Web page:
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CreatureBailey
January 4th, 2016, 05:34 PM
So I know there's this tangled theory which explains why wires or hair tangle. But is there like...

A mathematical graphic that shows the potential of tendency to tangle depending on factors, and like there would be like a curve in the graphic and it would be like a straight line or a curve from rational expressions or stuff like that and people could see where their hair are located on the Tanglenss Potential Scientific Curve?

Meh. I say that cause my hair tangles a lot.

I also heard that fine hair tangles more. But why? Is it cause since it's fine it's lighter so it moves more?

If not, why? :confused:

AJNinami
January 4th, 2016, 06:55 PM
I don't think so, but maybe you could make one! Tangles depend on how coarse/fine, thick/thin, and healthy/damaged your hair is. The finer, thinner, and more damaged, the more it tangles. (at least as far as I am aware.)

MeAndTheMaz
January 4th, 2016, 08:36 PM
I don't know either, but if there is one with a bell curve, I think I'd be right near the top of it.

Mirabele
January 5th, 2016, 06:05 AM
i don't think it has to do with how fine or coarse hair is, but rather on how slippery it is. i have fine hair, most of my length is damaged because of previuos bleach, hair dryer and frequent shampoo use. i almost don't brush. i don't normally get tangles but my hair is very slipper/silky.

lapushka
January 5th, 2016, 06:26 AM
It all depends, and it depends on multiple factors; is the hair fine, medium, coarse, blunt cut, layered, how long is it, does the person use silicones or no, heavier products (for dry damaged hair) or lighter products.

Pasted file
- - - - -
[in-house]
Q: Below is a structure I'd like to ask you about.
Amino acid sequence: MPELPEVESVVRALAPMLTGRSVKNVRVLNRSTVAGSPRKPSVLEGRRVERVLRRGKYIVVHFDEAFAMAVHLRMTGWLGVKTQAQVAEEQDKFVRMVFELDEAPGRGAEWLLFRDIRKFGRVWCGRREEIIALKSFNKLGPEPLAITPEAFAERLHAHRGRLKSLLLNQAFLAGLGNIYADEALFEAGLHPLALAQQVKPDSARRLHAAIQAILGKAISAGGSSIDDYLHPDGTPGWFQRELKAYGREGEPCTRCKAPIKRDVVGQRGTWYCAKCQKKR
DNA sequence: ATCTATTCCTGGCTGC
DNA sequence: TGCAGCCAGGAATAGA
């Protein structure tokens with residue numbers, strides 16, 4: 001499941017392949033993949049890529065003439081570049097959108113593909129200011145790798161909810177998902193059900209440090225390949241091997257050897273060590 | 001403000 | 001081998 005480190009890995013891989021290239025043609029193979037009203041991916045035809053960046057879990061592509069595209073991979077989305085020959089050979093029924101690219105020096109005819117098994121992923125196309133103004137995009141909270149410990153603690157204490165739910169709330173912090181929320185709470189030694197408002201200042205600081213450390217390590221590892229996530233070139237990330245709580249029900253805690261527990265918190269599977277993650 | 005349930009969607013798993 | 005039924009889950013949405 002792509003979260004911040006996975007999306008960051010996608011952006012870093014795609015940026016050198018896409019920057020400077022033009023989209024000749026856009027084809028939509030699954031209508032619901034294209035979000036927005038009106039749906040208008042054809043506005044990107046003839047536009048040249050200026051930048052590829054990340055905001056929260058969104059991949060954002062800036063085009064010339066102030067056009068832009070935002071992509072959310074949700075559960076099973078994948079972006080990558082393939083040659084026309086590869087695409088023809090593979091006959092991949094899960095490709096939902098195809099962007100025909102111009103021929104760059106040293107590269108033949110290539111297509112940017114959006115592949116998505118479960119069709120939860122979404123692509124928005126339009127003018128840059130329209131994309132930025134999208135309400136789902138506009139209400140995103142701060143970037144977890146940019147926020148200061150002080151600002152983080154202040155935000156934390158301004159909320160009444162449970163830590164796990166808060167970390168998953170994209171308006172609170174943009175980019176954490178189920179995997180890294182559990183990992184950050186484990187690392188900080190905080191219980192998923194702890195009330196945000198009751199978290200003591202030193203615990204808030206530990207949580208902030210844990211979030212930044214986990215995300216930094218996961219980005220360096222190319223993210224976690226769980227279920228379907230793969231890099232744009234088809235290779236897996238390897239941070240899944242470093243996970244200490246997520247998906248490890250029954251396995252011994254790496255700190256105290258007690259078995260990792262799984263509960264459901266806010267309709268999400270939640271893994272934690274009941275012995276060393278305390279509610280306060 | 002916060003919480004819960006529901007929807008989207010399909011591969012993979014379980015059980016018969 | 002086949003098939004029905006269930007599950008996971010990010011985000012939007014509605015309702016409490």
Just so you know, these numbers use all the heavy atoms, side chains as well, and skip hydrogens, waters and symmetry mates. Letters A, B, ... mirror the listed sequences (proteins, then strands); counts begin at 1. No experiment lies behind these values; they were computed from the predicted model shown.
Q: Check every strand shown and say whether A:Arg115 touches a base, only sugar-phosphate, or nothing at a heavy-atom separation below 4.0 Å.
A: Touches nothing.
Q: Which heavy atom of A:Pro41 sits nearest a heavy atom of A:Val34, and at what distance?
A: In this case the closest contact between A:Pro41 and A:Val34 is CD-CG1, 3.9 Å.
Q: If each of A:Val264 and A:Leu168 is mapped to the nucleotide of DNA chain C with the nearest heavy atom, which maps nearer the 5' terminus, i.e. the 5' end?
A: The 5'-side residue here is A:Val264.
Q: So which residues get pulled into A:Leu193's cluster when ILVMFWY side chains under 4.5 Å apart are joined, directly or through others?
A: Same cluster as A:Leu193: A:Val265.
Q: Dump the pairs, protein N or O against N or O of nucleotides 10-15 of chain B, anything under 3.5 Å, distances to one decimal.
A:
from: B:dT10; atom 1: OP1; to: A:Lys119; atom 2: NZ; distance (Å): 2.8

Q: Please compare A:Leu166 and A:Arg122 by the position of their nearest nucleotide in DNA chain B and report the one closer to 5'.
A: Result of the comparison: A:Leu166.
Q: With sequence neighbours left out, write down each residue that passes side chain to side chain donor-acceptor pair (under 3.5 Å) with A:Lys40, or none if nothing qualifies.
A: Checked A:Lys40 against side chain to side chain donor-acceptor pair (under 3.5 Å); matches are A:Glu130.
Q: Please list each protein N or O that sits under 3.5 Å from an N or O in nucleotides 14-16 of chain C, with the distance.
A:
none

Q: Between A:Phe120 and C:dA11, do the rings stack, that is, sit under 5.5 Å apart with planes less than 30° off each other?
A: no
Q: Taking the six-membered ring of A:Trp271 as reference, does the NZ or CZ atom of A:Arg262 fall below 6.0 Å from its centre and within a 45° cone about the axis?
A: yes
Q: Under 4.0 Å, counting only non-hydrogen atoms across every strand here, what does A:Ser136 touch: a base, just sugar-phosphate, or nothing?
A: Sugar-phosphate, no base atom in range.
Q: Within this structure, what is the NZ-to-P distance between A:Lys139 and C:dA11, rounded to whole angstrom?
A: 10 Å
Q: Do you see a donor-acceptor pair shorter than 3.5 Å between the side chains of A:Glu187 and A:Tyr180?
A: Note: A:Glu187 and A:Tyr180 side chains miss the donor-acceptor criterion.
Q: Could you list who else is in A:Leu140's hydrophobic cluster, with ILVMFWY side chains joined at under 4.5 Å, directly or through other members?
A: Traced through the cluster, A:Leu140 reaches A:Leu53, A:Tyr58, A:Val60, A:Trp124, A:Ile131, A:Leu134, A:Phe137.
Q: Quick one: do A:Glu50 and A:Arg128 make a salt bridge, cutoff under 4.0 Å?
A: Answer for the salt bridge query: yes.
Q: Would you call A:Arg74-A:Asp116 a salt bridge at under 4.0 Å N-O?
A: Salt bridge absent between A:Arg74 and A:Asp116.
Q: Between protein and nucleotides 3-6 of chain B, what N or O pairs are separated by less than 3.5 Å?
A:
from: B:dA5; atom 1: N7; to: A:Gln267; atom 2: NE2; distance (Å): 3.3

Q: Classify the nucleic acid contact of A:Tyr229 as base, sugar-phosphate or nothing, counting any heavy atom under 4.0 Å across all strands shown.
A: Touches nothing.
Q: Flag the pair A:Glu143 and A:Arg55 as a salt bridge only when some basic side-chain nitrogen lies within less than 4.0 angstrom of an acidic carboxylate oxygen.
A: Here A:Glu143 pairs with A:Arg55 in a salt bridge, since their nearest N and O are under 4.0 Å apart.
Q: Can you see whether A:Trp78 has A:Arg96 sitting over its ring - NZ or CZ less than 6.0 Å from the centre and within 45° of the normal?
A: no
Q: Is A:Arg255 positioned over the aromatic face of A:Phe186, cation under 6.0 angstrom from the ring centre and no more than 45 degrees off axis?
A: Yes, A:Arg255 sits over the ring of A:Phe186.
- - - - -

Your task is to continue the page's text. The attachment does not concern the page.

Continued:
I always use a sulfate/silicone-free shampoo but a *very* heavy conditioner (for dry, damaged hair), because lengths need moisture. In some this may weigh their hair down, depends on length and texture as well, but for me - this works well.

meteor
January 5th, 2016, 12:17 PM
So I know there's this tangled theory which explains why wires or hair tangle. But is there like...

A mathematical graphic that shows the potential of tendency to tangle depending on factors, and like there would be like a curve in the graphic and it would be like a straight line or a curve from rational expressions or stuff like that and people could see where their hair are located on the Tanglenss Potential Scientific Curve?

I've never seen such a model, but I'd love to check it out if there is one.
However, Jean-Baptiste Masson (physicist at the École Polytechnique in France) apparently built a mathematical model of hair tangling based on 123 straight-haired subjects and 89 curly-haired subjects, with hair combed by 2 hairdressers at specific times. (Counter-intuitively, straight hair produced an average of 5.3 tangles per head and curly hair produced 2.9. Masson concluded that the angle at which two straight hairs meet is the angle most likely to lead to tangling (http://www.scientificamerican.com/article/straight-hair-is-knottier-than-curly-hair/).) I haven't seen the actual study, so can't comment, but if you can access it (it was published in the American Journal of Physics in August 2007), please do share your opinion on it! ;)


Personally, I would imagine there must be a few factors (apart from the obvious things like wind, styling, etc) that contribute to tangleness:

1) smoothness/roughness of cuticles covering hair strands (the puffier, snaggier, the more more potential for tangles);
2) density (the denser, the more strands and surface area, the more potential for tangles);
3) length (the longer, the more surface area, the more potential for tangles);
4) combination of textures (the more multi-textured, the more hair can move or want to curl in different directions, so maybe creating potential for more tangles?);
5) moisture level, oiliness/dryness (the drier and the less conditioned (esp. with oils & cones), the more potential for frizz, snag-prone surface and tangles);
6) virgin state/damage (the more damage (for example after alkaline treatments, which lift up the cuticle), the less smooth and intact the surface and the more potential for tangles);
7) straightness/curl/wave structure (would like to know more about this factor...);
8 ) fineness/thickness (coarseness) of individual strands (not sure about this one either, maybe finer hair is more floaty, moves more or gets caught in more things instead of easily sliding, and so more tangle-prone? :hmm: I don't know)

CreatureBailey
January 5th, 2016, 03:30 PM
This study is very interesting :O

Wildcat Diva
January 5th, 2016, 07:44 PM
Do I get something if I volunteer for you to study the incredible tangliness? A prize maybe?